If sex is front and center in today's America, a nation simultaneously puritanical and porn-obsessed, Alfred C. Kinsey put it there. Nearly forgotten now, this driven, obsessive pioneer comes to the screen in "Kinsey" with a psychological complexity his contemporaries never imagined. Intelligently written and directed with a pleasing frankness by Bill Condon and well played by Liam Neeson, Laura Linney and a strong supporting cast, the film skillfully uses the forms of old Hollywood to tell a story that would have given heart failure to Harry Cohn and his fellow tycoons.
Kinsey had a huge impact on the world we live in now, preparing the way for both the gay rights and women's liberation movements. The 18,000 sexual histories collected by his team, still considered the most extensive portrait of human sexual behavior ever assembled, exposed a serious gap between public moral rhetoric and private bedroom behavior that bedevils us today.
Even more remarkably, nearly half a century after his death Kinsey manages to remain a controversial figure. Recent research has revealed that this man Time magazine once called "an almost monotonously normal human being" was unapologetically bisexual and given to masochistic behavior that extended to self-mutilation. He encouraged the married members of his inner circle, very much including his wife, to have open relationships. He not only observed people having sex, he saw to it that the activity was extensively photographed in the privacy of his attic.
How and how much this private behavior influenced the nature of Kinsey's groundbreaking work is a source of continual debate in the scientific world. And the thorny issues he raised about whether we view sexuality in a scientific or a moral context, about whether frankness and acceptance leads to immorality or frees the tormented, are as current as the recent elections.
Fitting all these questions and controversy into a film biography is a daunting task. But Condon, who wrote and directed "Gods and Monsters" and won an Oscar for the screenplay, succeeds by employing a dispassionate one that ends up echoing Kinsey's own.
Using Jonathan Gathorne-Hardy's sympathetic biography as his source material, Condon instinctively understands that nothing is more effective than bringing a conventional touch to incendiary material. Though some of the controversial aspects of the life are softened, "Kinsey" has the fortitude to deal with all of them, even the genital mutilation. The form may echo venerable classics such as "The Life of Emile Zola" and "Madame Curie," but that's where the resemblance — and the squareness — ends.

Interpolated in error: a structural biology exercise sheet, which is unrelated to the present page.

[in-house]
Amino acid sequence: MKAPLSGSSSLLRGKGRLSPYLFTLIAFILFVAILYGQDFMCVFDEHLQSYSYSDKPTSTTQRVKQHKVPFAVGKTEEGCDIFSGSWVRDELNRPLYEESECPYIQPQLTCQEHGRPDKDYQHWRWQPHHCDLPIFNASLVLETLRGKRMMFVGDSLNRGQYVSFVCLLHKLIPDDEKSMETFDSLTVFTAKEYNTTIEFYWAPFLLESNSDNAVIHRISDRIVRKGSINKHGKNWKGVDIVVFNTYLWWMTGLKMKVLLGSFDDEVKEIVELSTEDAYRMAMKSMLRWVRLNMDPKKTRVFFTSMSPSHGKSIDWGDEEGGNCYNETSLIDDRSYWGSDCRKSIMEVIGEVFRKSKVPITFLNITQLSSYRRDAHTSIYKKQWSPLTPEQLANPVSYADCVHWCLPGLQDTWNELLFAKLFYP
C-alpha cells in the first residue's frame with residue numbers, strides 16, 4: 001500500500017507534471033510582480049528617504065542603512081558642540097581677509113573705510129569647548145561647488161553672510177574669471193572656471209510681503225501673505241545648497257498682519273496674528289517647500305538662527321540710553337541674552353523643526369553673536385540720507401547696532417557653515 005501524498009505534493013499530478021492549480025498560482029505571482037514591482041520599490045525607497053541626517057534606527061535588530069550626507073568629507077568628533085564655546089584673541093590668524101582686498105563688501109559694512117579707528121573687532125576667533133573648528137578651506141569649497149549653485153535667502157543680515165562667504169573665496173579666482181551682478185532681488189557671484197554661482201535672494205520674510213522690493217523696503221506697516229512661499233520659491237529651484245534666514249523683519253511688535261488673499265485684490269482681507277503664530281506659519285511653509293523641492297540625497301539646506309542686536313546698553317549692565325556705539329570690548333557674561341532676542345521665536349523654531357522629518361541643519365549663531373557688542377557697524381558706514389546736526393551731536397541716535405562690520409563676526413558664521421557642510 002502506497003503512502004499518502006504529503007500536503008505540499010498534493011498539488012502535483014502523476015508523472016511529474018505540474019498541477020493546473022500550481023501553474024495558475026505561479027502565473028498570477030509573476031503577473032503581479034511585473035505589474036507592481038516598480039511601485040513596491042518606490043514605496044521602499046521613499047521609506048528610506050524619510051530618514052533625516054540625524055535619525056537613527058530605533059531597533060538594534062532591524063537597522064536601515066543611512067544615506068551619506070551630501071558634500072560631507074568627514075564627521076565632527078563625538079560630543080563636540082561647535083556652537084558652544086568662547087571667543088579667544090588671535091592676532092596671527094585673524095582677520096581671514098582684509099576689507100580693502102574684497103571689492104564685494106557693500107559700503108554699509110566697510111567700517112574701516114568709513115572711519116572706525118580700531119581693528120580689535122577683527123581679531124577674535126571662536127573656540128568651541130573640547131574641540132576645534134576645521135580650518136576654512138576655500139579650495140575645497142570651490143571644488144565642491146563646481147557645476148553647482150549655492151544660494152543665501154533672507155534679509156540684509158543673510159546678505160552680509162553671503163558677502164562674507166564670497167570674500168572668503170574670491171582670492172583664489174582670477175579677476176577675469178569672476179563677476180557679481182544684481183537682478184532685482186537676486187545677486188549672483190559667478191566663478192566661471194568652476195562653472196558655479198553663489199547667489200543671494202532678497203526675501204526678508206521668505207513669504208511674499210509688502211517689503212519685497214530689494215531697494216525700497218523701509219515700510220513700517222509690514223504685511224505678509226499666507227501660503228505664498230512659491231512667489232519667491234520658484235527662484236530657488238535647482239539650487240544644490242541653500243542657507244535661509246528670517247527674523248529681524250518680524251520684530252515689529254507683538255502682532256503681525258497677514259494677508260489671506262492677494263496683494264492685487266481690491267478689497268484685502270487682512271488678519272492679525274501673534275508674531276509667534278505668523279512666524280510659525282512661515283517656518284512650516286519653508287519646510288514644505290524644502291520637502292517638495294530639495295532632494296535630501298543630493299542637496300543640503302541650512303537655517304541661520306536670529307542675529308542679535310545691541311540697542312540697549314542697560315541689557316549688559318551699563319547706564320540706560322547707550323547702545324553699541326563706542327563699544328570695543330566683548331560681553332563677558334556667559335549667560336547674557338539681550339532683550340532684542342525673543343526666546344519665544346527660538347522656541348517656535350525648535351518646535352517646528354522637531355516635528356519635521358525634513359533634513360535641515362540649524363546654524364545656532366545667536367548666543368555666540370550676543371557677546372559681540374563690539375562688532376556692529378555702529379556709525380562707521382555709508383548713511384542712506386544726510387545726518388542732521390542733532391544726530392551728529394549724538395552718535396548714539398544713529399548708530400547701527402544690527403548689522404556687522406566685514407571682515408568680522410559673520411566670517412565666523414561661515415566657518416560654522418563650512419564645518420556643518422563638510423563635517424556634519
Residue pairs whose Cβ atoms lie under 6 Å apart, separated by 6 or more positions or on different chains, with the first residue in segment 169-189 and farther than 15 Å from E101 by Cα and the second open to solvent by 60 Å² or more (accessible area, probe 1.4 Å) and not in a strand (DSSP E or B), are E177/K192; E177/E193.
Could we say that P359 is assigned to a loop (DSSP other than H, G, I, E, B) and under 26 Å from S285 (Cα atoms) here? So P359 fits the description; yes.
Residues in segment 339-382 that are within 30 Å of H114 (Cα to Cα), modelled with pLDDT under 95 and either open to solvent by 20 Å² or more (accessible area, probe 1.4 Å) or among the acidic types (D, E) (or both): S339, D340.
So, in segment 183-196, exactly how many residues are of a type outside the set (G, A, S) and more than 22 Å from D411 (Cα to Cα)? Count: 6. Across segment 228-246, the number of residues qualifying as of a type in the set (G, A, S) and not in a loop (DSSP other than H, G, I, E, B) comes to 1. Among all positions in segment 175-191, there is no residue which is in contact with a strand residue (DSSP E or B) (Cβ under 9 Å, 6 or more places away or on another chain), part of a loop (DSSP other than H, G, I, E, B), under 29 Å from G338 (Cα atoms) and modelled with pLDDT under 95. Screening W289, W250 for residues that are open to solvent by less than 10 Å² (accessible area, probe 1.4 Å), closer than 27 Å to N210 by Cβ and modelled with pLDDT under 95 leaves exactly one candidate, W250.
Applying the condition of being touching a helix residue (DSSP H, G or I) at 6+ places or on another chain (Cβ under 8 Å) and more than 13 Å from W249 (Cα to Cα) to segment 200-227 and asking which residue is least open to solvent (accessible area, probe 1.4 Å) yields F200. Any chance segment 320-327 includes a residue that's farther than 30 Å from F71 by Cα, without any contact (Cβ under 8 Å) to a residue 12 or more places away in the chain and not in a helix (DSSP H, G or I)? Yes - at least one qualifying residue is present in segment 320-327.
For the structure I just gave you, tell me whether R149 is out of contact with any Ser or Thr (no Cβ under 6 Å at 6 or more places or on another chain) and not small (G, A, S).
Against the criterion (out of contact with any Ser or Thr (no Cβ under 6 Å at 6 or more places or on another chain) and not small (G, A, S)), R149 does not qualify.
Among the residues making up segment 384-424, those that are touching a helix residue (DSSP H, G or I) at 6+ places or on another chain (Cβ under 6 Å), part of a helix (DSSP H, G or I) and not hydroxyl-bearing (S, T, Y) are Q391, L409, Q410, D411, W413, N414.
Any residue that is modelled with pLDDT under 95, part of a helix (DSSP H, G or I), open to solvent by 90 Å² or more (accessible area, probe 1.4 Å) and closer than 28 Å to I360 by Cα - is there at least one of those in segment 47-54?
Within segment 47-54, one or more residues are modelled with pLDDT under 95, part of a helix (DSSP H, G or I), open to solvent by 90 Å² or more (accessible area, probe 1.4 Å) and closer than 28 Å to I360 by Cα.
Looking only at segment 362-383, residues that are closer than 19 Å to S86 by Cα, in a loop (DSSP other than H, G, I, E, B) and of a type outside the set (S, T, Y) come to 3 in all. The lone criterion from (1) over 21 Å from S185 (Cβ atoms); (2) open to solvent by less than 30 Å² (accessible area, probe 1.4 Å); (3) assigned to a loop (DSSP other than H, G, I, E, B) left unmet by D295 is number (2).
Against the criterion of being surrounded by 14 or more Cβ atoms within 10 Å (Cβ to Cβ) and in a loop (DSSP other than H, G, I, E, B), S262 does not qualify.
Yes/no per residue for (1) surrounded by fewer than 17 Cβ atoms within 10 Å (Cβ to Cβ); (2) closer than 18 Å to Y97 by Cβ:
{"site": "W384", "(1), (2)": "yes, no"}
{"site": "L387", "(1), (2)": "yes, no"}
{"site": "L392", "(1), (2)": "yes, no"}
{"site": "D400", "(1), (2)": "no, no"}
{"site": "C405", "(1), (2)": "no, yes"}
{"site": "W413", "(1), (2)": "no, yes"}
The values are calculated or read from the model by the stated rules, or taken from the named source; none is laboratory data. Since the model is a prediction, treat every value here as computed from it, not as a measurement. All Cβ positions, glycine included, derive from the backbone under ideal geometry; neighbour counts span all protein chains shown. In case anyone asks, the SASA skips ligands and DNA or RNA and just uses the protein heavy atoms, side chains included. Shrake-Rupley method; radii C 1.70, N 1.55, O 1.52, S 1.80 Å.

Philosophically, Kinsey was a taxonomist, a measurer who became a world authority on gall wasps by spending over 20 years accumulating more than 4 million specimens. He gloried in variations, believing "without measurement there can be no science," and the film underscores his passion for objectivity as another way to make its edgy subject matter palatable.
"Kinsey," handsomely photographed by Frederick Elmes and cast by Douglas Aibel and Cindy Tolan, has chosen its actors well, starting with Neeson as the man himself. A gifted performer who has a weakness for coming on too strong, Neeson is best, as his Oscar-winning work in "Schindler's List" demonstrated, when portraying messianic personalities. Here, given the opportunity to play a terribly earnest man who, in biographer James H. Jones' words, "was determined to strip human sexuality of its guilt and repression," he gives one of his most fully realized performances.
The always effective Linney is especially good as Kinsey's wife, Clara McMillen, who ended up pushing emotional boundaries she initially had no idea even existed. She and Neeson played together on Broadway in Arthur Miller's "The Crucible" and that familiarity was doubtless a factor in the deeply connected performances here. As much as anything else, "Kinsey" is a portrait of a loving marriage that stayed that way no matter how unconventional its contours became.